What’s the point of Labor?

Feb 17, 2021

As the Labor Opposition jettisons policies on negative gearing, capital gains taxes, franking credits and climate change policies that don’t embrace coal you have to ask – what’s the point of Labor?

A simple answer could be that at least it’s not the Morrison Government. Given the Morrison track record it’s a compelling positioning that may appeal to many but probably not quite compelling enough to get over the line in an election.

The question – and some of the answers – comes to mind when reading Barry Jones’ new book What is to be Done.

The book starts with a recap of some of the themes in his 1982 work Sleepers Wake and evaluates what was prescient, relevant or wrong in the book. The key omission he now says was that while he had addressed climate change back in 1967, he didn’t address it in Sleepers Wake.

Succeeding chapters look at democracy’s existential crisis in this post-truth era; the rejection of Enlightenment values across society; the impact of the digital revolution; Trump; the science and politics of climate change; the way retail politics focuses on the toxic, the trivial and promotes disengagement; the loss of language and memory; Covid; the environment; climate change and the political engagement required to tackle it; and, the curse of Australian’s belief in national exceptionalism combined with appalling ignorance of our history.

In the chapter on loss of memory and language he cites our record on Indigenous issues and the PM’s odd belief that Cook circumnavigated Australia and mentions that Morrison has one thing in common with Cook – the regret of visiting Hawaii.

The chapters on climate change science and politics are among the best available short summaries of the issues involved in both.

Jones contrasts the failure of contemporary politicians on climate change with the Hawke approach in the 1980s to the future of tobacco, automotive and clothing workers of  confronting the problem, being honest about short-term problems and longer-term gains. A similar approach is needed with the 37,000 Australian coal miners – 0.3% of the labour work force.

In looking at the politics of climate change, he discusses the work of Frank Luntz who, in his 2007 book Words that Work, created the formula ‘the science is not settled’, which was and is still widely peddled. However, Luntz had a road to Damascus moment with the 2017 Californian bushfires and is now passionate about combating climate change.

George Lakoff’s book, Don’t Think of an Elephant, is the best book yet written on framing. If you want to know how we got ‘death taxes’ and other similar phrases, read it. Framing is a much more effective device than dog whistling or the subliminal marketing popular in the 1950s and 60s. If you want to know how it works get some friends in a room, ask them to close their eyes, relax and clear their minds. Then repeat a number of times: “I want you to just relax, but don’t think of an elephant. Whatever you do – don’t think of an elephant.”

But good framing – just like Get Up petitions and feel good symbolism and gestures – is no substitute for the widespread political engagement around progressive policies Jones recommends.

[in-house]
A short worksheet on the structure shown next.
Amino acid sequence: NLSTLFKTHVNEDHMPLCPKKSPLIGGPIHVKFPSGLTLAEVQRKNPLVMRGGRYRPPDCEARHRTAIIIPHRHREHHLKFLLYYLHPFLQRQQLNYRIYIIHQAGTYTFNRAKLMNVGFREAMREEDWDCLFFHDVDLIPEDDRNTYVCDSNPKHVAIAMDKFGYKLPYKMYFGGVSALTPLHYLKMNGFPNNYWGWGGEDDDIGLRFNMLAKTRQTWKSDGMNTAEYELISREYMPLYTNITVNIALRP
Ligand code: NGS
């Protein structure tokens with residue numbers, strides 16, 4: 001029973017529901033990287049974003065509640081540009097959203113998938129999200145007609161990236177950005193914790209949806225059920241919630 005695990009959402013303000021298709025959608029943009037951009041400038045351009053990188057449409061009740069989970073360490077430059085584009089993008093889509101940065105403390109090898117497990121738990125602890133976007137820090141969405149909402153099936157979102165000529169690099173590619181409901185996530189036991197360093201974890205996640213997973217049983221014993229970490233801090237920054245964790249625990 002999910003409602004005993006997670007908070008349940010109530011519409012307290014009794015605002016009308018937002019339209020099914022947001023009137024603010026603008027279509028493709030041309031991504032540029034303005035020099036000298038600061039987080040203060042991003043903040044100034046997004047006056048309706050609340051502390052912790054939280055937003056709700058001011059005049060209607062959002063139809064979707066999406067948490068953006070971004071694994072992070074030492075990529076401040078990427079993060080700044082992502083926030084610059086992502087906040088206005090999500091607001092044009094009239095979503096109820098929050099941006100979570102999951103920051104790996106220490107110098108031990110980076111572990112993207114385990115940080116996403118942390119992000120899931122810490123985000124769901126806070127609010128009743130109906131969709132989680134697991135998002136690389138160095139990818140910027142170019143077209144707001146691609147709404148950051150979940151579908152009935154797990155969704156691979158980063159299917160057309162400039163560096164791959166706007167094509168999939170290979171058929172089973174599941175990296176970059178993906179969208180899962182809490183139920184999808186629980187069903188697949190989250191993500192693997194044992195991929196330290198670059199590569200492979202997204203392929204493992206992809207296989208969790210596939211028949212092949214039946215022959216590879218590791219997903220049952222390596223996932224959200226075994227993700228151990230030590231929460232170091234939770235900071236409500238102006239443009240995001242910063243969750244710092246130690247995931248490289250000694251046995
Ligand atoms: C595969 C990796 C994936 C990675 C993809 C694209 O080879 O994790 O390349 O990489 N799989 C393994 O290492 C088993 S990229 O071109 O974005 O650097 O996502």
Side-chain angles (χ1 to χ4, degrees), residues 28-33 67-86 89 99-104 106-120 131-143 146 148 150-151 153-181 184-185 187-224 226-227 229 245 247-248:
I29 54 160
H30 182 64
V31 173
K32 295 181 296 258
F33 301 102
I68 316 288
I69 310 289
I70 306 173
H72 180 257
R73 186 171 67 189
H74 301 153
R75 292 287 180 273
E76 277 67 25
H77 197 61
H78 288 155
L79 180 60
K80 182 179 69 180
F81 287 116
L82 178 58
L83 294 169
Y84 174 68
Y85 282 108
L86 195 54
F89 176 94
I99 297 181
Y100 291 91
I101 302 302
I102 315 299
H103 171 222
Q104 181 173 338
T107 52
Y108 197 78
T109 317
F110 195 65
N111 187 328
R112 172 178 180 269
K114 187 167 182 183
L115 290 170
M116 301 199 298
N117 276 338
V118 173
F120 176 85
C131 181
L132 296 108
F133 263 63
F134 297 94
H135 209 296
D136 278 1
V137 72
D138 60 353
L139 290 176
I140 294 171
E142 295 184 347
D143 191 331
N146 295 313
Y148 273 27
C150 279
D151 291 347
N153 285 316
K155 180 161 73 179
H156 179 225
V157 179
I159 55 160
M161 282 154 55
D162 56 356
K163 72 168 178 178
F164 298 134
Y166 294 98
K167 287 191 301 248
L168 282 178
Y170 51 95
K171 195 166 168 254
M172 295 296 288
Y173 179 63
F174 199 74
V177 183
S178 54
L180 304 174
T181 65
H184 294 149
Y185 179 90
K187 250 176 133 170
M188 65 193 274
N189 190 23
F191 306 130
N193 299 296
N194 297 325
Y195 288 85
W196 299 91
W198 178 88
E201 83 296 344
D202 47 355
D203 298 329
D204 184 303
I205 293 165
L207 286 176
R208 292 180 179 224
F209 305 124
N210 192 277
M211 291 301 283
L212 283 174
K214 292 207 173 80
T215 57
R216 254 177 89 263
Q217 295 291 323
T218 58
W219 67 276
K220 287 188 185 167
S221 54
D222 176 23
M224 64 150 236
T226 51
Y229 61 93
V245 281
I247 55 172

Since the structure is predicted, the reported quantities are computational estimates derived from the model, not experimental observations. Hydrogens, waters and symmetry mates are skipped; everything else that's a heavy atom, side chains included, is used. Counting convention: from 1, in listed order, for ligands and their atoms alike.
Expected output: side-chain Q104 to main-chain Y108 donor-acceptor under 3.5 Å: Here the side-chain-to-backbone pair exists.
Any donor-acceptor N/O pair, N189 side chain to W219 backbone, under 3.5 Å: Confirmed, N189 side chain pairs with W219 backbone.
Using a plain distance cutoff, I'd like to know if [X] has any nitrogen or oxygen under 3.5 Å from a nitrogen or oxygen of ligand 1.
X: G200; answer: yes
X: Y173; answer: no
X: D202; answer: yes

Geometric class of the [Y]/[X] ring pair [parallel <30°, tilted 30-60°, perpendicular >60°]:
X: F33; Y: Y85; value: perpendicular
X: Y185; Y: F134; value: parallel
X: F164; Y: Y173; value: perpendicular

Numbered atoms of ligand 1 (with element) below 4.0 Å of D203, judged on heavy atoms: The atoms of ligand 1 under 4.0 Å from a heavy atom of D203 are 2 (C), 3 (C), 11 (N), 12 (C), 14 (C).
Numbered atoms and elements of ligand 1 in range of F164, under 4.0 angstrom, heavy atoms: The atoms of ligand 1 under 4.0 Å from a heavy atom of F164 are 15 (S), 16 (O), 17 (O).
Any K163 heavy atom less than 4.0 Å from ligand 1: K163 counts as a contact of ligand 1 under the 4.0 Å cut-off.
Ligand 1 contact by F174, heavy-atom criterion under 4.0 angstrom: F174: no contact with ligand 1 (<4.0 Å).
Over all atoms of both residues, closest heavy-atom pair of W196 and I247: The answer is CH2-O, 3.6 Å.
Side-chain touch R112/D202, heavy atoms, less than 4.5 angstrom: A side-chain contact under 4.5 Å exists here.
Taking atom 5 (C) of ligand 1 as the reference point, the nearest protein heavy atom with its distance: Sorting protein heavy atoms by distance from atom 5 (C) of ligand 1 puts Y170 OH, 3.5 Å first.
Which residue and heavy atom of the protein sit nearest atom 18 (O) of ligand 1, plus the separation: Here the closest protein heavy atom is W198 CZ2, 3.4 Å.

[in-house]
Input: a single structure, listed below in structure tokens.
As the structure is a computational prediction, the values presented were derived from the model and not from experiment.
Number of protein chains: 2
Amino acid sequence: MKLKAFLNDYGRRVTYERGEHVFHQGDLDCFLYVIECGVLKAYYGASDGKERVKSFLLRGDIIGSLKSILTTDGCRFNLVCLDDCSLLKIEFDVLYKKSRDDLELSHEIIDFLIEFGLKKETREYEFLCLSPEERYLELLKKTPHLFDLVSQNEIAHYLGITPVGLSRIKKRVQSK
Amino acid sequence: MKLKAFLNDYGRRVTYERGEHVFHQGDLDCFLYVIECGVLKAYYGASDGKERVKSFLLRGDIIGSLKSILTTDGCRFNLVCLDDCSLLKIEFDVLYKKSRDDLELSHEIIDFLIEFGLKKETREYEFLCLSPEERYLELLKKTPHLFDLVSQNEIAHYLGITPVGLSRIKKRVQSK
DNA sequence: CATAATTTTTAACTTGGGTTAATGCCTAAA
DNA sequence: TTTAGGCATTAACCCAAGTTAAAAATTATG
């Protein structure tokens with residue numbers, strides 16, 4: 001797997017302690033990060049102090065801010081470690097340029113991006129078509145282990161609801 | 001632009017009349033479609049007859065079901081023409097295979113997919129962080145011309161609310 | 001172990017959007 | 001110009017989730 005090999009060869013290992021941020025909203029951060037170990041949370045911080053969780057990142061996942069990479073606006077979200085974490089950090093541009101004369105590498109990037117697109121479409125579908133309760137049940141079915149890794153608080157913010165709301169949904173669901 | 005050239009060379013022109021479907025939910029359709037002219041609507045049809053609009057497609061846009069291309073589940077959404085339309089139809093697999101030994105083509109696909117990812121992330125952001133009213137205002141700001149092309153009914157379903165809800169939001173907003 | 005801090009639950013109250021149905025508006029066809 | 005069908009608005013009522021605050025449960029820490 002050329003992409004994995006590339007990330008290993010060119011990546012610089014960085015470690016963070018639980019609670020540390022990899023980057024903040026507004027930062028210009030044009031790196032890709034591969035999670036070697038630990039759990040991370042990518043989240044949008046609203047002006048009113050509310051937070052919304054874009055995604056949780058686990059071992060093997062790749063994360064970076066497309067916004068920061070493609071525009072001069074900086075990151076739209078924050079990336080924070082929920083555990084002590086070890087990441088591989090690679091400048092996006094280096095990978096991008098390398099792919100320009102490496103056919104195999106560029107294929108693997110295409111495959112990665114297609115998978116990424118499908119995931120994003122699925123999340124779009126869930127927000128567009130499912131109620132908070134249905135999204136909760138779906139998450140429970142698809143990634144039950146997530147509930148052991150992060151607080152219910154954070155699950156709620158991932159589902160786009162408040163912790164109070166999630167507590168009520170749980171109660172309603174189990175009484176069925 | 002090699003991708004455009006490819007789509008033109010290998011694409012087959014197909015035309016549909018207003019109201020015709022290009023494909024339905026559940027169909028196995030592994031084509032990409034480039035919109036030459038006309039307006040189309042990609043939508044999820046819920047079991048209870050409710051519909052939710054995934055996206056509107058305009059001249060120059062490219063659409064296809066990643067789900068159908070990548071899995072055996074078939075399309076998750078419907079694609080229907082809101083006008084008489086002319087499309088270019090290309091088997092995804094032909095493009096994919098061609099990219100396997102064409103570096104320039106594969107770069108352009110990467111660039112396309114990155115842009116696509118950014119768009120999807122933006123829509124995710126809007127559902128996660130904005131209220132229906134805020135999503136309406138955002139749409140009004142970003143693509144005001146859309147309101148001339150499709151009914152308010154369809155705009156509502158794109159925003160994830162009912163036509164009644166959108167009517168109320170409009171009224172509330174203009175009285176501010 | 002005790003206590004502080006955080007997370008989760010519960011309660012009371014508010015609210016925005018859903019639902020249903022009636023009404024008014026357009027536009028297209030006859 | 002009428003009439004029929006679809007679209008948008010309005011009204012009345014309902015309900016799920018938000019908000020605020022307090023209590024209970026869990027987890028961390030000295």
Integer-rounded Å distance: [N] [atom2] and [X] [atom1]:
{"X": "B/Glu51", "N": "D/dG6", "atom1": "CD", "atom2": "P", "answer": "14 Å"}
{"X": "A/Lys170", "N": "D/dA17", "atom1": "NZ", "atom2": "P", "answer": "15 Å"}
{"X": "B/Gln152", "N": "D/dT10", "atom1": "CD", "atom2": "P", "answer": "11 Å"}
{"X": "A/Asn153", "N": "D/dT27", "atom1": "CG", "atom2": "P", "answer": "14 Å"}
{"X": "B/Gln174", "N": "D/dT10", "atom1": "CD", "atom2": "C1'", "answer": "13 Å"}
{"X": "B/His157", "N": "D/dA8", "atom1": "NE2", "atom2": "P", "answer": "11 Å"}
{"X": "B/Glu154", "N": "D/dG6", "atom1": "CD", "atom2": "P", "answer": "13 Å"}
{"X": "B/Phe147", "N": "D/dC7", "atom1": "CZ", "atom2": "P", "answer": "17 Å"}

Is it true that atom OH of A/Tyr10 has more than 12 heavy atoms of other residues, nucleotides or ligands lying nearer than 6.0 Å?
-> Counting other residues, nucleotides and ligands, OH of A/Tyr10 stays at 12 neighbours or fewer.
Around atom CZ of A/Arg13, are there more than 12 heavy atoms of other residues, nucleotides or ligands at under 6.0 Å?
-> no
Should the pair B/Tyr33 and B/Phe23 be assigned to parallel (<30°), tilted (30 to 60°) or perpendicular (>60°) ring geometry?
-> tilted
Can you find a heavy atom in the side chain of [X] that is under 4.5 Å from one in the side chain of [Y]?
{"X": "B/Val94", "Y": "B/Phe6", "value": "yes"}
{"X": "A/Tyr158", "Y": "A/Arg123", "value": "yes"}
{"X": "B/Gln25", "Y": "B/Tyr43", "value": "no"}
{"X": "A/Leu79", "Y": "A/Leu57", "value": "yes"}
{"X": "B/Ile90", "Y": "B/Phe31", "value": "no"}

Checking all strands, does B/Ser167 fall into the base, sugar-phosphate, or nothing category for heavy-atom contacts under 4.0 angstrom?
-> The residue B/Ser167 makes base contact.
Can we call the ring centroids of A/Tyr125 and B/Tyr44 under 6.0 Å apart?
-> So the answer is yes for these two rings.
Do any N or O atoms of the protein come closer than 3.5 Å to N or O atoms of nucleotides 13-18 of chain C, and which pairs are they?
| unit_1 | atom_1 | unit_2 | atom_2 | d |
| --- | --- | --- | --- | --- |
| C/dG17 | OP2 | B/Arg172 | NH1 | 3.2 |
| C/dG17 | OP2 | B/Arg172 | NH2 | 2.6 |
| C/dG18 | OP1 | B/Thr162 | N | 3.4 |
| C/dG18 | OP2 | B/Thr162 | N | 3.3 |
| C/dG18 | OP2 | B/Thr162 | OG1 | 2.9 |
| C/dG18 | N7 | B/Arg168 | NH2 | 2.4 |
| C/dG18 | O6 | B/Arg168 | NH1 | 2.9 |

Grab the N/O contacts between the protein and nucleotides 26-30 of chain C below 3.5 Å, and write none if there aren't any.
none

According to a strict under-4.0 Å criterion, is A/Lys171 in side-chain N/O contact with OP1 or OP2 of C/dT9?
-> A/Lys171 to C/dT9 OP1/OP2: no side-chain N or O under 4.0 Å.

In the case of policies Jones suggests a list which, if it were not for the dire state of the major and minor parties, would seem no-brainers:

  • Renovating the Constitution.
  • Having an Australian head of state.
  • Adopting a Bill of Rights.
  • Creating an Independent Commission against Corruption.
  • Practising open government and rejecting all the prevailing secrecy.
  • Appropriate funding for the ABC, CSIRO, Bureau of Meteorology and ABS.
  • Investing in soft diplomacy in our region.
  • Recognising the value of the humanities and the arts and providing adequate funding for them.
  • Giving high priority to science.
  • Re-establishing the moral basis of progressive taxation and recognising the increase in social inequality and the role of taxation and school funding as contributing factors.
  • Being open-minded and sceptical about involvement in foreign policy and wars and supercharged spending on submarines and defence big boy toys.
  • Taking creative approaches to multiculturalism and rejecting the notion of education, health and the arts as ‘industries’.
  • Adopting compassionate, rational and statistically based policies on refugees and asylum seekers arriving by sea.

The policy priorities reflect some of the thinking behind the discussions Jones and Malcolm Fraser had about how a new political party might be formed and what it could stand for. The last, about refugees and asylum seekers, is also a reminder of why a number of Vietnamese stood silently outside Scots Church during Fraser’s funeral.

Jones says, however: “I would like the ALP to be this new party.” But he warns: “Parties sometimes go through the motions of attempting to reform internal processes – but a paint job will not suffice.”

There have been a couple of quite churlish reviews of the Jones’ book. One scoffed a lot, complained that Jones’ Sleepers Wake had not woken people up, and accused him of repeating things he has said before. Another worried that he cites too many white males, overlooks reforms like citizen’s assemblies and ignores emotional appeals on climate change – despite the section on Luntz.

They prompt one to think of Jones’ beloved Montaigne who wrote: “Since we cannot attain it, let us take our revenge by speaking ill of it. (The Collected Works, On the disadvantages of greatness, Book III Chapter 7).

But Jones could, but wouldn’t, quote the rest of Montaigne’s thoughts on the reviews: “Yet it is not absolutely speaking ill of something to find some defects in it; there are some in all things, however beautiful and desirable that may be.”

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